Economic engines prepare for success

The City Council is scheduled March 12 to change a long-standing practice that would add height to future downtown buildings and maintain the economic integrity of San Jose International Airport (SJC).

The city first grappled with the issue in 2007.

After a year-long study and input from SJC staff, airlines, airport commissioners and downtown stakeholders led by SJDA, a recommendation emerged to follow the Federal Aviation Administration’s U.S. Standard for Terminal Instrument Procedures (TERPS), which designates the initial climb area for airplane departures and, in this case, focuses on 13 percent of the SJC flights that take off south over downtown.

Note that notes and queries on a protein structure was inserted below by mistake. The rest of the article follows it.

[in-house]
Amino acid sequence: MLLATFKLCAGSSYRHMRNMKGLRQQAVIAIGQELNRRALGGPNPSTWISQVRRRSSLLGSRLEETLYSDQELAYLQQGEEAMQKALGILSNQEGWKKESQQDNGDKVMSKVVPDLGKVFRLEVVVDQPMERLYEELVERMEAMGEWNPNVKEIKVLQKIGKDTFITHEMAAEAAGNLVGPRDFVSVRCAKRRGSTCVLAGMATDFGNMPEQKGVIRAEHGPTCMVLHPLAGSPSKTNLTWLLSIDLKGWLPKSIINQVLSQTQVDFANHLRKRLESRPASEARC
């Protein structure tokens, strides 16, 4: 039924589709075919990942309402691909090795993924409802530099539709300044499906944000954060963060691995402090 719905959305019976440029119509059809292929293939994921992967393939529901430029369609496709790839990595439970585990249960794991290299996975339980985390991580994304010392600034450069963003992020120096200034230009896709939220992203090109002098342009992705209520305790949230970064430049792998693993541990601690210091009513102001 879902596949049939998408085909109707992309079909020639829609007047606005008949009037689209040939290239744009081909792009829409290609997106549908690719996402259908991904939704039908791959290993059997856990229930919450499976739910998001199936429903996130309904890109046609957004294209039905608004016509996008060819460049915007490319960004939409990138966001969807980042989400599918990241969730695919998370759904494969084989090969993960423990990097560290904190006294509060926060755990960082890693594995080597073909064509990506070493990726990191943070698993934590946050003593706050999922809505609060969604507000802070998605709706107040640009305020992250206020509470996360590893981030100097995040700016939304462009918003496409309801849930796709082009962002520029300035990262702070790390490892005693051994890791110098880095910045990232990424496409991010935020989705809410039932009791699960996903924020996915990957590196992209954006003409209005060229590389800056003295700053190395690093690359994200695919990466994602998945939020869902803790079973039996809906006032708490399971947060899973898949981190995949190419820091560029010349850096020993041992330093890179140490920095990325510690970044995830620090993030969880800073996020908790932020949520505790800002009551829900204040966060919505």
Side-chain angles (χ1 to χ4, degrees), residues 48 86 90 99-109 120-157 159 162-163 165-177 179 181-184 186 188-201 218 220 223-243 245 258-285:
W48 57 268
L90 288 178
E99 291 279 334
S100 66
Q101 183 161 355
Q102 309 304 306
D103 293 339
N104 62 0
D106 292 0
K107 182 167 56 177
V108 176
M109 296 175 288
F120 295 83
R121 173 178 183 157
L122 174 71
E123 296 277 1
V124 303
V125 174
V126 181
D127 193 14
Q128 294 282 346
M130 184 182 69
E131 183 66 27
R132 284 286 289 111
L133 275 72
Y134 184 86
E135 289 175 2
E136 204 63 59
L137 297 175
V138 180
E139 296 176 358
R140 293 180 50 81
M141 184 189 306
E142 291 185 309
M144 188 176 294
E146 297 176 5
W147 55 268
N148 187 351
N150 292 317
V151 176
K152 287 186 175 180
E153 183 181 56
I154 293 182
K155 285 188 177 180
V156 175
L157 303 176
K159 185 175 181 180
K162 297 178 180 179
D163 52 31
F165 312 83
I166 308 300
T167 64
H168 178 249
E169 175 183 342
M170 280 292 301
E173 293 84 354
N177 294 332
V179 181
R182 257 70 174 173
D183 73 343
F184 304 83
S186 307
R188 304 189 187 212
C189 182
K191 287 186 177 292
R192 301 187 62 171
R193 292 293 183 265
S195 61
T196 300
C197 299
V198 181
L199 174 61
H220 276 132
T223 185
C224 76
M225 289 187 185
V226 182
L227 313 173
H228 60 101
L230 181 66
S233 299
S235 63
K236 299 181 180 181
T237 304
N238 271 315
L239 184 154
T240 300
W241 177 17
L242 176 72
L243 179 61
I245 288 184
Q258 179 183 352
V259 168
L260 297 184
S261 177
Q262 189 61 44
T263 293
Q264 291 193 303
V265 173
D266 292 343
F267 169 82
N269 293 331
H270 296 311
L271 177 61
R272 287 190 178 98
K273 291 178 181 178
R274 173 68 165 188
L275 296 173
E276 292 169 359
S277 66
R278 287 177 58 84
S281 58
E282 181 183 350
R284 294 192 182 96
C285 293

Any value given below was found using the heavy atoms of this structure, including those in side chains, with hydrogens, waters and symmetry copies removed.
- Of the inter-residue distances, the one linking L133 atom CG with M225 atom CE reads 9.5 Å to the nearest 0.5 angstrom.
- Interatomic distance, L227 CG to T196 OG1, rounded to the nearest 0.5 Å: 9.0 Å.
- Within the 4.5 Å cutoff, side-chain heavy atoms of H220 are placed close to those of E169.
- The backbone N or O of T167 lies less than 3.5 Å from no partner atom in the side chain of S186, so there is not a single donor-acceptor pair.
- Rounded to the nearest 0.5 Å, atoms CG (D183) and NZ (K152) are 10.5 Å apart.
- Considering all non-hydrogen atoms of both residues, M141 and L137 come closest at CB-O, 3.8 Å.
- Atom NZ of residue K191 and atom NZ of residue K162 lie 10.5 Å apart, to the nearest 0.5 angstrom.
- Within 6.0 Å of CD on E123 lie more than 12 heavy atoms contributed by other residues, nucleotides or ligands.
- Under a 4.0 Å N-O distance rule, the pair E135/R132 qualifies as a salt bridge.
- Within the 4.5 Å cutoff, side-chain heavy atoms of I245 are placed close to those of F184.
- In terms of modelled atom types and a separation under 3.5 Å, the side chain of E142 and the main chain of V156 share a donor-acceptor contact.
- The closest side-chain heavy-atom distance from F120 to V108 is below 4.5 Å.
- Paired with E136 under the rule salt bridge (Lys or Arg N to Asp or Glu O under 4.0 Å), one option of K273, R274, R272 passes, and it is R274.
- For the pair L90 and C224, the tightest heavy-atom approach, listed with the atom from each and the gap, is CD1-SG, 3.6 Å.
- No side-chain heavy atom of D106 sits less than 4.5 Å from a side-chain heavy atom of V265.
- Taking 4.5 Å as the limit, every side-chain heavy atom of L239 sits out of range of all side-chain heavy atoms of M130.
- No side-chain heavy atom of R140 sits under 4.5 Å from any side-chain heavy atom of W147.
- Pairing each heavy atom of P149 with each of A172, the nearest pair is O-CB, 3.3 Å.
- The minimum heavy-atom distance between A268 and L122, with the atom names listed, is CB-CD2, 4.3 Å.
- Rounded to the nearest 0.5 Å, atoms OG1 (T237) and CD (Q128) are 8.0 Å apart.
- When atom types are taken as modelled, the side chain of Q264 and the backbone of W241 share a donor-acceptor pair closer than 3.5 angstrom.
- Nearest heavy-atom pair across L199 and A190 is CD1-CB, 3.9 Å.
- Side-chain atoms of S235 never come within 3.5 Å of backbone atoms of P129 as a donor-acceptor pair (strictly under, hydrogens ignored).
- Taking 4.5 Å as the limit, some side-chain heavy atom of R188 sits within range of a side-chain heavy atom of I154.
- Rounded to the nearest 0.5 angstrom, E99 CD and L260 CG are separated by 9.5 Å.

Using FAA standards, the maximum height of buildings in the downtown core would gain 0 to 35 feet, and buildings on the west side of downtown, where Google plans to build a large campus, would add 70 to 150 feet of height.  In the Diridon area, the potential taller buildings could result in an additional 8.6 million square feet of space, valued today at about $4.4 billion, for downtown’s burgeoning economic engine.

Meanwhile, only a few of the long-haul flights out of SJC would be impacted.  Affected flights could respond to weight issues by requesting another runway, off-loading passenger and/or cargo, making a refueling stop, changing aircraft or canceling the flight.

In no case is passenger safety a factor.